Using WhatsApp to learn what’s up [ARCHIVE]
- 12 Jun 2018
Our Knowledge and Learning team conducts another exciting experiment with data collection in the digital space.
As technologies become an essential part of our lives and self-expression, researchers are also exploring data collection opportunities offered by the digital world to complement tradition/analogue-based methodologies. Face-to-face data-collection methods (surveys, interviews, Focus Group Discussions(FGDs)) have been dominating the research field for a long time, but not anymore. The past few years have seen the emergence of new techniques relying on the digital data – e.g., email and SMS surveys, chat-box conversations, social/digital listening, etc.
Different organizations go through different paths when exploring digital data-collection methods; for Well Told Story (and Shujaaz media) the transition was a natural next step capitalizing on all the activities we’ve already been doing in the digital space (e.g., SMS analysis, Facebook and Twitter polls, WhatsApp chats) to engage our audience in a collective discussion on sensitive issues – an objective central to the Shujaaz Theory of Change.
1. Good planning — Proper planning is crucial for any research activity, especially when dealing with youth – a group notorious for their spontaneity and the gift of “crushing” researchers’ expectations. Adding WhatsApp in the mix – a platform with “revolving door” for the participants to come, go, stay and say as they wish — initially threw our research into a havoc. We had to pause, regroup and rethink our approach and plan for giving up control (and comfort that comes with it!) and let the discussion flow. We resorted to guiding the general direction of the conversation but not the details.
2. Timing – this is another element of planning that needs to be carefully thought through – when do you do digital FGDs? When meeting with people in the field, a researcher can define the location and time of the meeting, but not online. Based on our previous studies, we learned that young people are more likely to spend time online in the evening, after 6pm (see our post on the Sunset Internet). Hence, we had to ensure that most of our discussions also happened in the evening.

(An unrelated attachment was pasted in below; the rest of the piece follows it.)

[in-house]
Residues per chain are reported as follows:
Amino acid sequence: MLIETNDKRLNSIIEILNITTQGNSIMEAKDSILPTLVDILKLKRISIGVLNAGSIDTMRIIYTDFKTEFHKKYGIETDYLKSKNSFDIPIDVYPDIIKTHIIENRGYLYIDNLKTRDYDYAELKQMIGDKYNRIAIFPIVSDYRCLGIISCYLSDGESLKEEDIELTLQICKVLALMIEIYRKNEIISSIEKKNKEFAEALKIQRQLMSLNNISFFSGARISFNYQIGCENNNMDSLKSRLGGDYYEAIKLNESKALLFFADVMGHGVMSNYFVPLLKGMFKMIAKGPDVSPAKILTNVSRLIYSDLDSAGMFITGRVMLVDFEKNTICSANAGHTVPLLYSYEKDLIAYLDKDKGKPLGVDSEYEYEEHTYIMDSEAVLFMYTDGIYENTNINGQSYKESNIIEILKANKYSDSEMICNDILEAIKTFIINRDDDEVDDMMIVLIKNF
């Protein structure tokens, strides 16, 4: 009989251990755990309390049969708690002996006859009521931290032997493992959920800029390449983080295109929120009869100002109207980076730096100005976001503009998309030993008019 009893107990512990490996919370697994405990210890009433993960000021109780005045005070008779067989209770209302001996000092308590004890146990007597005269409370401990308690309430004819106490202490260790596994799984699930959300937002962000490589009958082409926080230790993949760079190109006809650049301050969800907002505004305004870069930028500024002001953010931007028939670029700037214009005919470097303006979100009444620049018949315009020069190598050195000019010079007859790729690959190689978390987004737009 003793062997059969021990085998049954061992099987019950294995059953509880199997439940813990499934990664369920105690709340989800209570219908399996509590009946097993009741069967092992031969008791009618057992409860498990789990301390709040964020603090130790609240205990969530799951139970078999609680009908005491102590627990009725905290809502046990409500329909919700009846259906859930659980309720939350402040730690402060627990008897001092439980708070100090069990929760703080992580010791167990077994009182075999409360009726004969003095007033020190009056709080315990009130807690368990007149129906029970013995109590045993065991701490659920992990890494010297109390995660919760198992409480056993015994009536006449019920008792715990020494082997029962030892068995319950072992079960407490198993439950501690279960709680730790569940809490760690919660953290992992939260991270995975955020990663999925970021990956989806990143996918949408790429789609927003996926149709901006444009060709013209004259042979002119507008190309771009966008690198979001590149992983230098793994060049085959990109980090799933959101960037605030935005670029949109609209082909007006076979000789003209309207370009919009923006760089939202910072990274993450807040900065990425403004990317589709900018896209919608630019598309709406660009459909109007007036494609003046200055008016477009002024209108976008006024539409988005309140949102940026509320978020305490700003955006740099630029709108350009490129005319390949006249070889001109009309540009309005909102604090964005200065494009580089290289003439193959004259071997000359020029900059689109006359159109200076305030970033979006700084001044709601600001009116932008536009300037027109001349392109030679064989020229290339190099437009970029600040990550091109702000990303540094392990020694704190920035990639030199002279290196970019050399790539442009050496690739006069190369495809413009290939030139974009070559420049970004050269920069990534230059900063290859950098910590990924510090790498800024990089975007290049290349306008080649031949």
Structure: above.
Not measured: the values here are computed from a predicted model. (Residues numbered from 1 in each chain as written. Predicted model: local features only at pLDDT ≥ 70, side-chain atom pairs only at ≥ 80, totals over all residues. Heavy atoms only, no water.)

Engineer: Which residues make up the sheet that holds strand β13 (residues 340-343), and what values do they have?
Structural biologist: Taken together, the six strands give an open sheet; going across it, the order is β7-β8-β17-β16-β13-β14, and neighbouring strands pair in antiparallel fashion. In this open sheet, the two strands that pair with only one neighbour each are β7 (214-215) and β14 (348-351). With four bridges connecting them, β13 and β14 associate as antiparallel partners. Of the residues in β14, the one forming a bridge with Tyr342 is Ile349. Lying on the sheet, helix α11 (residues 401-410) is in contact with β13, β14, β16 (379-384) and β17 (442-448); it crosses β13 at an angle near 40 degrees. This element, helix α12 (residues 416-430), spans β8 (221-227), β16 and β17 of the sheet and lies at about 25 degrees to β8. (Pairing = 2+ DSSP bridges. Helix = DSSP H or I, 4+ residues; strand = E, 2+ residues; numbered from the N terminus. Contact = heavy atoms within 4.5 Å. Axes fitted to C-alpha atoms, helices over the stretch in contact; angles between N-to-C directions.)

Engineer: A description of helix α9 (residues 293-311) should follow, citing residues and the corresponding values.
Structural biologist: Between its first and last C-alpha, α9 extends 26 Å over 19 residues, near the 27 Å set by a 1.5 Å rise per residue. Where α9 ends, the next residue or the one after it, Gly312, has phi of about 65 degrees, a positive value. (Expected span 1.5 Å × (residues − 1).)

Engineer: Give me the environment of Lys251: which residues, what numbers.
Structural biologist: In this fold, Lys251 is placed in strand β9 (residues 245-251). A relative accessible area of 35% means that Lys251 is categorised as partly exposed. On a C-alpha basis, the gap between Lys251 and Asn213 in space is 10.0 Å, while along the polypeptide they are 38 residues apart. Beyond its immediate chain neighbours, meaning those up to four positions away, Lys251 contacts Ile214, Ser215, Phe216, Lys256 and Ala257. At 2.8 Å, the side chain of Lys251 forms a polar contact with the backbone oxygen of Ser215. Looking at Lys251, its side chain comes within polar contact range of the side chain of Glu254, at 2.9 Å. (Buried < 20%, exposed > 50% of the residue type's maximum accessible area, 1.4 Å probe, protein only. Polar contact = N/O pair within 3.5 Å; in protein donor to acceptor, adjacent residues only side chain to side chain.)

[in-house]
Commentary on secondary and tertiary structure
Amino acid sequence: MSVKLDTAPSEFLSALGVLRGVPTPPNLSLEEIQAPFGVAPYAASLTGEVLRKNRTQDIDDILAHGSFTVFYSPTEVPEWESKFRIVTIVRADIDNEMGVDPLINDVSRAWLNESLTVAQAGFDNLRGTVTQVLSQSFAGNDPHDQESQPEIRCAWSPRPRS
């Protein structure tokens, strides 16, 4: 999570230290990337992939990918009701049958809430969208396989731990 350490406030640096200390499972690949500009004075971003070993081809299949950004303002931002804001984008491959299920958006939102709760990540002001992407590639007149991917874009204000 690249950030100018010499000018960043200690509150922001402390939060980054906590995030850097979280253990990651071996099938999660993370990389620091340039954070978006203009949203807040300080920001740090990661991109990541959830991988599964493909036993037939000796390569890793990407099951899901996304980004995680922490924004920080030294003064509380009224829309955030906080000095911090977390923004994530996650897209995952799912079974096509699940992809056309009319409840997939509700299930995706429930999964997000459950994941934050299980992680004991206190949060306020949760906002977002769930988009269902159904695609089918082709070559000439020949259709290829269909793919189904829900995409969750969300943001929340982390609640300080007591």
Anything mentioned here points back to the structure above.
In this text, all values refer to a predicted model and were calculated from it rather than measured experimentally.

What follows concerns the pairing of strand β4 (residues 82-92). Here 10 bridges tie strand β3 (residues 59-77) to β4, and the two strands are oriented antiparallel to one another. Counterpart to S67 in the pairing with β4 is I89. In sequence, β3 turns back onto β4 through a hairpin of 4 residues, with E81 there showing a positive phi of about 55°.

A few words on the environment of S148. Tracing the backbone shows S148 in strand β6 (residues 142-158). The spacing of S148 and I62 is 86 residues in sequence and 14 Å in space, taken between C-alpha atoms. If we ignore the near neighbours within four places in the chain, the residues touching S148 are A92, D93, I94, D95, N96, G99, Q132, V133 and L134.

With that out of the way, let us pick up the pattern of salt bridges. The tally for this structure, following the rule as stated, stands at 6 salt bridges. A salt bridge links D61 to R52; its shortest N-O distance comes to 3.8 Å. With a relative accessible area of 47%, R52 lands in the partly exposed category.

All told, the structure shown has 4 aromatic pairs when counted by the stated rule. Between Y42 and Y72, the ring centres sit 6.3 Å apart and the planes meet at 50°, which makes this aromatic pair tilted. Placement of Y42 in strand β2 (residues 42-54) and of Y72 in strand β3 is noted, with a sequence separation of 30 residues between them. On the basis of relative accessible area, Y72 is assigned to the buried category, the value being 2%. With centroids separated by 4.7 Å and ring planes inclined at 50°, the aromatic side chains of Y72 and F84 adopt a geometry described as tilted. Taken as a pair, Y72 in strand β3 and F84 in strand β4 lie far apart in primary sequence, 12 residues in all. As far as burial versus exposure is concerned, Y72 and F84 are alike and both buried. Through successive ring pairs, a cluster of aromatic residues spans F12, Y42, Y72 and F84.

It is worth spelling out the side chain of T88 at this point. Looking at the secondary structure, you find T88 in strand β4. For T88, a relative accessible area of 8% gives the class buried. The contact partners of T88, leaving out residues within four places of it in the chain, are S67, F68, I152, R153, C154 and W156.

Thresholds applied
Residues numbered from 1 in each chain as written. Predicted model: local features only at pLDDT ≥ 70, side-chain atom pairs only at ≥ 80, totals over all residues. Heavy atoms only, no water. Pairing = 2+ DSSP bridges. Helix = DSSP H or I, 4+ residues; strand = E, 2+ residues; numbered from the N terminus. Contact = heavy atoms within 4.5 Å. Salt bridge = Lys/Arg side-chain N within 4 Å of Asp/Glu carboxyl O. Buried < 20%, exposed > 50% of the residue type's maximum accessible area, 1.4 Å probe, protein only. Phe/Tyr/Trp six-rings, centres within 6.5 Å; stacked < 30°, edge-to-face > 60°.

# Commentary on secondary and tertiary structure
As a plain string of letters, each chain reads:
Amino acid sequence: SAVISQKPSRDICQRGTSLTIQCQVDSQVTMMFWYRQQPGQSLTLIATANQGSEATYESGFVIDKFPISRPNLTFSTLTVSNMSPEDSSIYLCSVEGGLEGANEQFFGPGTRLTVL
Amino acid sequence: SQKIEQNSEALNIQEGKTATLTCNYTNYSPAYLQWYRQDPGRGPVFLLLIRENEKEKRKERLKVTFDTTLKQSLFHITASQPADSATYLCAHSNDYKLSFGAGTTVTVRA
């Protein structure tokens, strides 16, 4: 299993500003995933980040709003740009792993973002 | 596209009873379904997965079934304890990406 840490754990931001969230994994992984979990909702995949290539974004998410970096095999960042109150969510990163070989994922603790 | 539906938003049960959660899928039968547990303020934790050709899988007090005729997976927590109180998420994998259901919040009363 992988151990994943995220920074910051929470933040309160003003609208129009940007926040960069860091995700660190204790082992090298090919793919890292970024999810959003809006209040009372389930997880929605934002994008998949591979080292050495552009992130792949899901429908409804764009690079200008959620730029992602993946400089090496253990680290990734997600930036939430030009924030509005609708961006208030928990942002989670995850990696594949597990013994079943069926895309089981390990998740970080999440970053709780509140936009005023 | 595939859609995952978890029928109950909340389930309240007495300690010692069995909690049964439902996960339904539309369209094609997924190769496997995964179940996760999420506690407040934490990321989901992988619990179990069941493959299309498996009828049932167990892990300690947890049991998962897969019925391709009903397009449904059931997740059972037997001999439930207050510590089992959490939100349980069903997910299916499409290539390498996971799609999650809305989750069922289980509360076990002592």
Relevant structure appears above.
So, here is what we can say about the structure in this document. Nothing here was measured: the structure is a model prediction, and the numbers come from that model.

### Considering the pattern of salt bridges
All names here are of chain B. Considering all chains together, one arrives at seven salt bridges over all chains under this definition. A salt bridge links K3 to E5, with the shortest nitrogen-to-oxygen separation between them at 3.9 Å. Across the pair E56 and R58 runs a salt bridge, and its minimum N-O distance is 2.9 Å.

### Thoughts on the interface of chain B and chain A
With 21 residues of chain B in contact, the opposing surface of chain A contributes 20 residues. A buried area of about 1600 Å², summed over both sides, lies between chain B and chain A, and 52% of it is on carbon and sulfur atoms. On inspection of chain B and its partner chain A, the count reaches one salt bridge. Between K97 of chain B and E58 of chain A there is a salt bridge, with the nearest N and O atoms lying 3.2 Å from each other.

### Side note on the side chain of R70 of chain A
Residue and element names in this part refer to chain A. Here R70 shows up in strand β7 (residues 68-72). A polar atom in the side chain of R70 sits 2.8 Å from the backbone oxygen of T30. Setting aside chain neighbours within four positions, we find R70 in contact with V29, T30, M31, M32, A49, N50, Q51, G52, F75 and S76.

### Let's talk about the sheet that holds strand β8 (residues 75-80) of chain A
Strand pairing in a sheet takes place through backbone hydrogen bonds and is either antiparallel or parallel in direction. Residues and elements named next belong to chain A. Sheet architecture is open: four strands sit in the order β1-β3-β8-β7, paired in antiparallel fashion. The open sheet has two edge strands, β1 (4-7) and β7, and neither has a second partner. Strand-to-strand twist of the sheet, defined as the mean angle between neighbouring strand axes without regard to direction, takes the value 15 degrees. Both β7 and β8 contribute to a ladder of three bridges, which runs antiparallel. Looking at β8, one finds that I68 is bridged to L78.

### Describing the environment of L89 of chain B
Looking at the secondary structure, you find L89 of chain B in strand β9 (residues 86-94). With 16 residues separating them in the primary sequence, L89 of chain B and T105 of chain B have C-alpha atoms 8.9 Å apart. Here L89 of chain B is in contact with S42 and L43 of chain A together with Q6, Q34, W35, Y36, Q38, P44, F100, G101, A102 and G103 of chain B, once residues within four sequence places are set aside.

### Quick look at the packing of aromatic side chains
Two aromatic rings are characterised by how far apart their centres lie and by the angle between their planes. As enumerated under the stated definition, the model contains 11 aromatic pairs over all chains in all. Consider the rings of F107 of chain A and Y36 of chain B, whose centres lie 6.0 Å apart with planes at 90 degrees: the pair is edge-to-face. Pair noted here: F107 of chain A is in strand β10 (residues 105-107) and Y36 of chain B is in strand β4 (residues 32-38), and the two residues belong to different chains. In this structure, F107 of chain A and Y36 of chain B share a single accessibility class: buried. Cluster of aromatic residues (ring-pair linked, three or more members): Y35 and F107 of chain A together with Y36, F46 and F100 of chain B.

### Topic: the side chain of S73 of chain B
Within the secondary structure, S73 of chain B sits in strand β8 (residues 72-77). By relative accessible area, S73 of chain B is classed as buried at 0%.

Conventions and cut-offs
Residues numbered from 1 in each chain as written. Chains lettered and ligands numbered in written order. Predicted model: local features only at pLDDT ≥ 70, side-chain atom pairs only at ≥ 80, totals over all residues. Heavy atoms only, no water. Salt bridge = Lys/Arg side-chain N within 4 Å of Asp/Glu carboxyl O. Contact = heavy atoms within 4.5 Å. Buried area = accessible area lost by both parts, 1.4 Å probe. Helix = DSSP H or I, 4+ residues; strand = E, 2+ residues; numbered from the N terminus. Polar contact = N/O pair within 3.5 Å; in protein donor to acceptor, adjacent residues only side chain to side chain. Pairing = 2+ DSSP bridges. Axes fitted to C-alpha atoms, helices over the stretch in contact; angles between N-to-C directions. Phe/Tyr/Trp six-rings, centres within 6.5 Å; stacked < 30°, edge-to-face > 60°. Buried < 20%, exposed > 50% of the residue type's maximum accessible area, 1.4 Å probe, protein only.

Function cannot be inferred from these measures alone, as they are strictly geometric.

3. Establishing rapport – We all know the importance of building rapport with research participants to get deep and truthful insights. But how can we do it with a large group of people only connected to us digitally? Shujaaz main character – DJ Boyie – had to become the moderator for the WhatsApp FGDs. His participation in the group made fans feel confident and engage on a deeper level.
4. Research team – The composition and size of the research group for such a dynamic platform as WhatsApp is very important. We realized that a focus group, which can be handled by two people in the field, requires as a minimum 3 people in the digital space. Hence, we had two facilitators, who worked alongside DJB to introduce subtopics according to the FGD script.
5. Creative moderation – Unlike with an analogue FGD, engaging the entire group of “digital” discussants in a conversation on the same topic at the same time is a challenge. In addition to dropping in and out of the conversation, our participants tended to veer off topic. As a moderator, DJB had to be conscious on when to allow the discussion to deviate and when to steer it back to the main issue.
6. Thorough interpretation – The key challenge of online discussions, as mentioned earlier, is just that – they are online, which means researchers have to “fill in the gaps” due to the inability to see the participants’ facial expressions, mimic, body language, etc. Shorthand talking and emoji were also not very helpful in our study because they can be misused or misinterpreted by either the sender or the recipient. Our approach then was to have all researchers in the team to interpret the conversations independently, and then together – also enlisting the support from the larger team – to ensure there is agreement among a group of people of the interpretation of the findings.
While data collection on WhatsApp is a challenge, it also offers a number of benefits to a researcher: (1) it is cost effective, (2) you can select a heterogeneous sample of participants which yield a universal view of the topic under investigation, and (3) you can simultaneously engage people from several locations. It also has a number of limitations, for example, WhatsApp discussion will not be appropriate for those illiterate, those without smartphones, or the older generation. Just like any research approach, a digital focus group has its pros and cons.
But all challenges and benefits aside, we believe that by making our first digital FGDs happen we just opened the door into the future of research, the new and exciting space with lots of new knowledge and new skills to gain. And we are very eager to learn.